CHARLOTTESVILLE, Va. – Jessica McCauley, Eastern Cherokee, is a second year anthropology student at the University of Virginia. Previously hesitant to claim herself as an American Indian, McCauley credits the American Indian Student Union for helping her connect with her heritage and get in touch with other American Indian students.
Indian Country Today: Can you tell us a little about yourself?
McCauley: I am just starting to get in touch with my heritage. My parents divorced when I was young and my heritage is with my dad’s family, so I don’t know as much as I’d like to. I’ve had to overcome the self-doubt of not being a tribal member. Yet, both the AISU and VA Indian community have welcomed me and helped me to understand what matters is not an arbitrary percentage of blood, but the spirit of community.
ICT: What is your involvement with the AISU?
McCauley: I am one of two American Indian Affairs interns with UVA’s Office of the Dean of Students Multicultural Student services. Laura Farnsworth (Miwok) another AISU student is the other. She and I have become incredibly close throughout the past year working both in our internship and in the AISU. We plan to run for co-vice presidents next semester.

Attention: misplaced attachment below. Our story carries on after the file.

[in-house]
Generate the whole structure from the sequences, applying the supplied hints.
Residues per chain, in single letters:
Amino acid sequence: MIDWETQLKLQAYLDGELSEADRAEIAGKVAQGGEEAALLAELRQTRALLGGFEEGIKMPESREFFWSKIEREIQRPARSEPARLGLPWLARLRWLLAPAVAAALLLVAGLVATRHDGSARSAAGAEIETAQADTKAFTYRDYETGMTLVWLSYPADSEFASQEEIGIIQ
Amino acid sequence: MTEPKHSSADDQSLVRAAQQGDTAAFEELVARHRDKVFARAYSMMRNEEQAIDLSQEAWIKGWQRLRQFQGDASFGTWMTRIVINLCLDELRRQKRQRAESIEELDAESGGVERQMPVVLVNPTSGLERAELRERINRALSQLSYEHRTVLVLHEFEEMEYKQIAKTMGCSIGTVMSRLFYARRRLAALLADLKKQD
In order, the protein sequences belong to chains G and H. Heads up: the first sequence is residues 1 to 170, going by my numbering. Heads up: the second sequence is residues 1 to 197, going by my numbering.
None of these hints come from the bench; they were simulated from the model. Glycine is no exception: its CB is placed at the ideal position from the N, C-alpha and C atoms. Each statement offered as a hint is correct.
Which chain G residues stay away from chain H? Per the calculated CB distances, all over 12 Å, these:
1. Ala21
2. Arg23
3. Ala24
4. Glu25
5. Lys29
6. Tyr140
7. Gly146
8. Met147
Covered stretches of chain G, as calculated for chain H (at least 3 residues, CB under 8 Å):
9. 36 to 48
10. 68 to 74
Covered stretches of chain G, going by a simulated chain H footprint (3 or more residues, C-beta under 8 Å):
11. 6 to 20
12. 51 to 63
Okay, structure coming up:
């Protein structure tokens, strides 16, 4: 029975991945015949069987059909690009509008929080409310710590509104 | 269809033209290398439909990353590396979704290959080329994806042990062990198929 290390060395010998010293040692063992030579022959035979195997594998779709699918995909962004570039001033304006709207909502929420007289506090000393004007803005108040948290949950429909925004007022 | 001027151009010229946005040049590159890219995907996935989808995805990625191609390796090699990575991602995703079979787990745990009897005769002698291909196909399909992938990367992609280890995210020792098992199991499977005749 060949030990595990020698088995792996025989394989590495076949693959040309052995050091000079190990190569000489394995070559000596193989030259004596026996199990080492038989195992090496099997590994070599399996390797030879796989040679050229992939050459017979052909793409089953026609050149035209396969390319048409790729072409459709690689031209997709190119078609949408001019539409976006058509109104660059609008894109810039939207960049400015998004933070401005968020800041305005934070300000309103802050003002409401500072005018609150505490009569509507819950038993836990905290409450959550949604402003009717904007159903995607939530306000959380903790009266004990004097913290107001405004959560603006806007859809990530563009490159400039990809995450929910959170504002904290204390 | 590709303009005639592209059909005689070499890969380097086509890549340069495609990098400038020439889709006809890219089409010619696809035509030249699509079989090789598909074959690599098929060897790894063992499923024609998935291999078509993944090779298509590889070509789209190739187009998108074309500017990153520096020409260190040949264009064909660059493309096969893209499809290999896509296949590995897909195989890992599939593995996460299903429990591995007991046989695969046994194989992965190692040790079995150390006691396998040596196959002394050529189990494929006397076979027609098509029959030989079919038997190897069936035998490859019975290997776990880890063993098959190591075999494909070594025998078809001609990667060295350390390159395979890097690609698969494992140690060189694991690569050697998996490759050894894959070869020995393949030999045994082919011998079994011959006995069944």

Starting an American Indian Student Union According to McCauley, there are several things to remember to start or strengthen an AISU program: • Acquire a list of self-identified Native students from the admissions office (remember – graduate students are important and often have experience.) • Emphasize students don’t need to look Indian or have tribal membership. • Organize social events to show it can be fun and not intimidating. • Contact the local Indian community for help, advice and offer to help them – form a connection right away – that is where the next generation of students may come from. Don’t let AISU fizzle out because there are no members; always think about recruiting more. • Contact faculty with an interest in Native affairs/issues. Whether professors who teach on the subject or faculty who have Native heritage, they often know the workings of the university and can offer advice. • Take ownership: This is everyone’s community and it doesn’t work to have imbalances of power or responsibilities. The president alone cannot run the AISU. • If you see a problem, whether it is with the admissions process or a lack of cultural understanding, make a resolution to address it as a student union and don’t give up. In order to strengthen/increase Native presence you have to first show that there is an unwavering one.
ICT: What does AISU do?
McCauley: We’ve been focusing on forming connections with the VA Indian nations to show that there is a Native presence at UVA. We plan to contact local tribes to volunteer to help in their communities, whether it is cleaning up after a pow wow or tutoring students. We would like to team up with other VA colleges to offer college prep workshops on how to navigate a college application, get financial aid, write essays, etc.